NEW YORK -- The Yankees returned from the All-Star break understanding that their impressive first half has them in position to enjoy a special season, but with nothing secured yet. As the decision-makers upstairs continue to search for upgrades, Domingo Germán’s electric right arm is easing the urgency to tweak
NEW YORK -- The Yankees returned from the All-Star break understanding that their impressive first half has them in position to enjoy a special season, but with nothing secured yet. As the decision-makers upstairs continue to search for upgrades, Domingo Germán’s electric right arm is easing the urgency to tweak the rotation.
German pitched like a Cy Young Award candidate early in the campaign, helping paper over the absence of ace Luis Severino, and that dominant presence appears to be back. Making his second start since returning from the injured list, German struck out seven over six brilliant innings on Friday night, leading the Yankees to a tidy 4-0 victory over the Blue Jays at Yankee Stadium.
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"You always want to be economical out there," German said through an interpreter. "You want to go as deep as you can in a game. Coming back from the injury, I knew I didn’t have that many pitches. I tried to make an effort to get through the innings as quickly as possible."
Edwin Encarnacion belted a three-run double to highlight a four-run fifth inning, and Brett Gardner had a big night on the basepaths and in the field, legging out a triple and throwing out a runner behind German, who baffled with a high-spin curveball that generated 13 swings and misses.
"I thought the breaking ball was really good tonight," Yankees manager Aaron Boone said. "Really, the first couple of times through, you could tell it was giving them a problem. A lot of good hitters took some funky swings at it."
After beginning the season 9-1 with a 2.60 ERA, the 26-year-old German turned in three subpar efforts, attempting to pitch through a left flexor strain that eventually cost him about a month. German returned to pitch last week to fire six innings of one-run ball, picking up the victory in the Subway Series finale at Citi Field.
He was even better in front of the Yankees' fifth sell-out crowd of the season, an energetic party of 47,162. Coming off an All-Star break in which he tossed a bullpen session at the Yanks' Dominican Republic complex, German scattered three hits and did not issue a walk, saying that he felt great command of his fastball, curveball and changeup.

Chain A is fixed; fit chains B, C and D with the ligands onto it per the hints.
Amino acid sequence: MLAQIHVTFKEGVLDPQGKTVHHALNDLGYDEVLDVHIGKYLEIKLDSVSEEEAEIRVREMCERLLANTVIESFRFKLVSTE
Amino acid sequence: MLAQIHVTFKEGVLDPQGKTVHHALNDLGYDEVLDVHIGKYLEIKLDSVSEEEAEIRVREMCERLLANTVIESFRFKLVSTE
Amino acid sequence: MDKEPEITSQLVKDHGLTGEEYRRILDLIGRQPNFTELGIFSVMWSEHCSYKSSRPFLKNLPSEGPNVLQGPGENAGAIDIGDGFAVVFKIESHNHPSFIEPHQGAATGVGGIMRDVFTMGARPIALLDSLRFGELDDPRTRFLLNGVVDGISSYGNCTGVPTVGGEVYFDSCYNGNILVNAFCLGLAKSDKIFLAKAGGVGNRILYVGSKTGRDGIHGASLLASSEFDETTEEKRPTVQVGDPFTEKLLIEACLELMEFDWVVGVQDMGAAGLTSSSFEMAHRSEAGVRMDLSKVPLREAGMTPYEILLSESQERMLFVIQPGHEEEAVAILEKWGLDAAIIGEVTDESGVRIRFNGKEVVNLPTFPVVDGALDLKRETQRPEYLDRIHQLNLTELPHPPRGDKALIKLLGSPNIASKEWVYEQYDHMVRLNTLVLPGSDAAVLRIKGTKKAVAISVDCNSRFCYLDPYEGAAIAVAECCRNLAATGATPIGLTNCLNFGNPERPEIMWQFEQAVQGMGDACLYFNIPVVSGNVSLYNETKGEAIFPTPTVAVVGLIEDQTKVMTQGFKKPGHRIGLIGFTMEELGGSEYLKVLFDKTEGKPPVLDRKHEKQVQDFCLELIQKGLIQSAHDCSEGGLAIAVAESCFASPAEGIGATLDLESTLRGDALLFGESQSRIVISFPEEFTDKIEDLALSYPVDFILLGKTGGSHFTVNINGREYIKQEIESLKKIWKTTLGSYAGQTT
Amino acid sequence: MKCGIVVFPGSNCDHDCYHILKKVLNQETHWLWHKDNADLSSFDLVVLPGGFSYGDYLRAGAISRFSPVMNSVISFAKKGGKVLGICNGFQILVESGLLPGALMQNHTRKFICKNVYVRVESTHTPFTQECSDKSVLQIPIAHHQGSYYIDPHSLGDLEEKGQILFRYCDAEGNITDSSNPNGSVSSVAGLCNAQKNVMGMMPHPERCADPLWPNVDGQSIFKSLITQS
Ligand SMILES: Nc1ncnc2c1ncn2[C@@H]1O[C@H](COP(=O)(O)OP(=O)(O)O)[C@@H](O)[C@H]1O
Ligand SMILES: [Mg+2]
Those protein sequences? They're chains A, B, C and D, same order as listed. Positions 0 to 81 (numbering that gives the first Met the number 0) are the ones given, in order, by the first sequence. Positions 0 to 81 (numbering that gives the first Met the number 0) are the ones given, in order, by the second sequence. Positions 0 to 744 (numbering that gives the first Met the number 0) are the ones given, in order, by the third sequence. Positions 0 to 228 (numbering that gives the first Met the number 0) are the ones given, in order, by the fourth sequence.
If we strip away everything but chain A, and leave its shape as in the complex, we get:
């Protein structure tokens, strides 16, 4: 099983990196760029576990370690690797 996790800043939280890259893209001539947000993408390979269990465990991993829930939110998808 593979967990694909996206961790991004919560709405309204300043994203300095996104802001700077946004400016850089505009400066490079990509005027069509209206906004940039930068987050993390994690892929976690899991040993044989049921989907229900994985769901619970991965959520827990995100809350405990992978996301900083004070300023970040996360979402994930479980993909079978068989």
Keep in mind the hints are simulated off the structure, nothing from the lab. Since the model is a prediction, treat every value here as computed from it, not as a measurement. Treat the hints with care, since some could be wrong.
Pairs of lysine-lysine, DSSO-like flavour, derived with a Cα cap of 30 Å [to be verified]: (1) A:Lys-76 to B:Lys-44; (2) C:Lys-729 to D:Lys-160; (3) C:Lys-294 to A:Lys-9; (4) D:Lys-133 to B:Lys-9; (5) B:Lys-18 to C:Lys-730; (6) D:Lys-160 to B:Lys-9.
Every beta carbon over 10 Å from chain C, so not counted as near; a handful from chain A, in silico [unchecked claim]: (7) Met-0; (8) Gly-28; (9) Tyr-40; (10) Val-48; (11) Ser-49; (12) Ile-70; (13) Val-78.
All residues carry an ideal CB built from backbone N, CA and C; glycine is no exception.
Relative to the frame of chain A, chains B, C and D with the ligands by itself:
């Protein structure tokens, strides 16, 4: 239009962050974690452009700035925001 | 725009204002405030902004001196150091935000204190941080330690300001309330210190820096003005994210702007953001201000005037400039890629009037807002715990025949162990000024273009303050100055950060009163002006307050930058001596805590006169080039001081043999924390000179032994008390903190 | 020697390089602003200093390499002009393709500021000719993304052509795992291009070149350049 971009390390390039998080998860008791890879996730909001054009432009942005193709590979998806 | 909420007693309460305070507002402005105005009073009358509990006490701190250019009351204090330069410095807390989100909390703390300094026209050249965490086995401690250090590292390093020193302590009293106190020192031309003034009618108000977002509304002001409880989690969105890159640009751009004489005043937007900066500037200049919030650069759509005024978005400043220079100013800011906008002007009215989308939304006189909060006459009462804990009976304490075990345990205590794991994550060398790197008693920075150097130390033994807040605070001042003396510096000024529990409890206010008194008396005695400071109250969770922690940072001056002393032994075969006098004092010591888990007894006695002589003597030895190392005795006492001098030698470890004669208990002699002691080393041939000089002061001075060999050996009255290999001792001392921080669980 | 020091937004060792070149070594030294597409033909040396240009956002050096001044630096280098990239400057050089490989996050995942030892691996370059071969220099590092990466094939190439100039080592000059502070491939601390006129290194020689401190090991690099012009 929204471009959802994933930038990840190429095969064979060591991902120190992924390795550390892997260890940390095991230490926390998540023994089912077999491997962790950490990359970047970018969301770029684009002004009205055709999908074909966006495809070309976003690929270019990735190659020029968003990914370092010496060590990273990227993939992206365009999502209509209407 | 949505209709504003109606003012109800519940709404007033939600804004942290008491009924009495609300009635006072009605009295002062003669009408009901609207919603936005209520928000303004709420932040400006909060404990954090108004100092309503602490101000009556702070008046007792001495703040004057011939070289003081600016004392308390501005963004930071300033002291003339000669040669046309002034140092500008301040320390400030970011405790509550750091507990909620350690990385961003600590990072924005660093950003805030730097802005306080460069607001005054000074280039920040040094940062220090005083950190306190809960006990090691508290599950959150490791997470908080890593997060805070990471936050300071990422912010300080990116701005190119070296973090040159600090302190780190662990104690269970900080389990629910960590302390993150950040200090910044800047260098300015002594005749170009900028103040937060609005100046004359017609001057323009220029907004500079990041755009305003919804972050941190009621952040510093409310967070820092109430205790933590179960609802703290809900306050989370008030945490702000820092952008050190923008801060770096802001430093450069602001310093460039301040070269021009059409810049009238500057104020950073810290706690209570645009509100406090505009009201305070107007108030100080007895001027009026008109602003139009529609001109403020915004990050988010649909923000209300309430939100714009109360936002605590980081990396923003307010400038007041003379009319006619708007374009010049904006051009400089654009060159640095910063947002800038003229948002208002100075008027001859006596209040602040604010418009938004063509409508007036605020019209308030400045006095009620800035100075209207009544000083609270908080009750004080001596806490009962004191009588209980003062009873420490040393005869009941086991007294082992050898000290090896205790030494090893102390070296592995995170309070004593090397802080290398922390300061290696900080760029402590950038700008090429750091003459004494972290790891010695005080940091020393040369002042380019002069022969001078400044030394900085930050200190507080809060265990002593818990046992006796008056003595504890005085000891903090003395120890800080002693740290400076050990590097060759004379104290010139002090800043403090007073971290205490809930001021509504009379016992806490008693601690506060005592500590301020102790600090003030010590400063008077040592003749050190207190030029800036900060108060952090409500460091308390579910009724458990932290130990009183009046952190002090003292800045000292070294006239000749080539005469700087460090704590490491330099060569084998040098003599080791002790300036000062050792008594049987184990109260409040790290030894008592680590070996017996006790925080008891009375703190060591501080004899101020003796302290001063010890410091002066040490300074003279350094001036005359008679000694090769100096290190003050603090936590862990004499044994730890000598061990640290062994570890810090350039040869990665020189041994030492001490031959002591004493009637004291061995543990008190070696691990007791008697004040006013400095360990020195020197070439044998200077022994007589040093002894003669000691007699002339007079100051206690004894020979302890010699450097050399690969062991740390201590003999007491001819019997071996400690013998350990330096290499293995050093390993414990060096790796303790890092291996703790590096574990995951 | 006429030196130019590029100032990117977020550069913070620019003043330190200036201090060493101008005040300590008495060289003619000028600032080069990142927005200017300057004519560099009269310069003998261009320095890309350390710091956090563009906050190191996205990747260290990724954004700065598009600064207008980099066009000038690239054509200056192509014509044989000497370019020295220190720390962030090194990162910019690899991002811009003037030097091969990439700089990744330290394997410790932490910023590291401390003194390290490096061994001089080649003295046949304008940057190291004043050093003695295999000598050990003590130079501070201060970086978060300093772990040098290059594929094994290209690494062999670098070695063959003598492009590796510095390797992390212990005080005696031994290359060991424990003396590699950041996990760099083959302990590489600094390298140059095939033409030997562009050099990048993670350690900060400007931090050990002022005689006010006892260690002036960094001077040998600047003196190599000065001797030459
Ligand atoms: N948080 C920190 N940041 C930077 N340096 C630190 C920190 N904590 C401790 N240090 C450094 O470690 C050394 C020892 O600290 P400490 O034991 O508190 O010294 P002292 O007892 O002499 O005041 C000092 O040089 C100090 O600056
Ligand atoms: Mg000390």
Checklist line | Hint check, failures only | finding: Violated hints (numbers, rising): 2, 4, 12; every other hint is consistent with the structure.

“He’s got pretty nasty stuff," Gardner said. "Just his composure out there; he acts like he’s been here before. No situation is too big for him. When guys get on base, he makes his pitches, and he’s a guy who’s a lot of fun to play defense behind."
Though German was supremely economical, tossing only 78 pitches as he retired 15 consecutive batters between leadoff singles in the first and sixth innings, Boone said he sensed signs of fatigue as Toronto's hacks seemed to improve.
Tommy Kahnle worked the seventh and Chad Green pitched the final two frames to polish off the shutout.
"We weren't going to go too far with him tonight anyway," Boone said. "All in all, I thought he did a great job of really just being efficient, working fast and setting the tone for us."
German's 78 pitches were the fewest by a Yankee in a scoreless start of at least six innings since Chase Whitley (75) on July 22, 2014, against Texas. German improved to 5-1 with a 1.89 ERA in seven games (six starts) at Yankee Stadium this season.
"He’s looked great out there," Encarnacion said. "I faced German one year or two years ago. He looks a lot better. He has confidence, and he throws the pitch wherever he wants to throw it."
The crispness of German's arsenal is encouraging for the Yankees, who had quietly mulled how they would handle his rolling odometer, having never thrown more than 125 innings in a season. By relieving that issue, the injury may have been a blessing in disguise.
While acknowledging that German has earned his place in the rotation, Boone suggested that there are a variety of ways he could help the club down the stretch if general manager Brian Cashman accomplishes his goal of adding at least one front-line starting pitcher.
"[German] can fill so many pretty exciting roles for us: whether it's as a starter, whether it's as that guy that can give you multiple innings in a key spot out of the bullpen, or whether it's a high-leverage spot late, you'd feel good handing him the ball," Boone said.
With the July 31 Trade Deadline about 2 1/2 weeks away, German said he will understand if his job description changes for the postseason push.
"At the end of the day, we’re a team here," German said. "For me, my responsibility is to keep doing my job as a pitcher. If we get somebody else here, we’re going to welcome that person and hope that person comes in and helps us win too."
Bryan Hoch has covered the Yankees for MLB.com since 2007. Follow him on Twitter @bryanhoch and Facebook.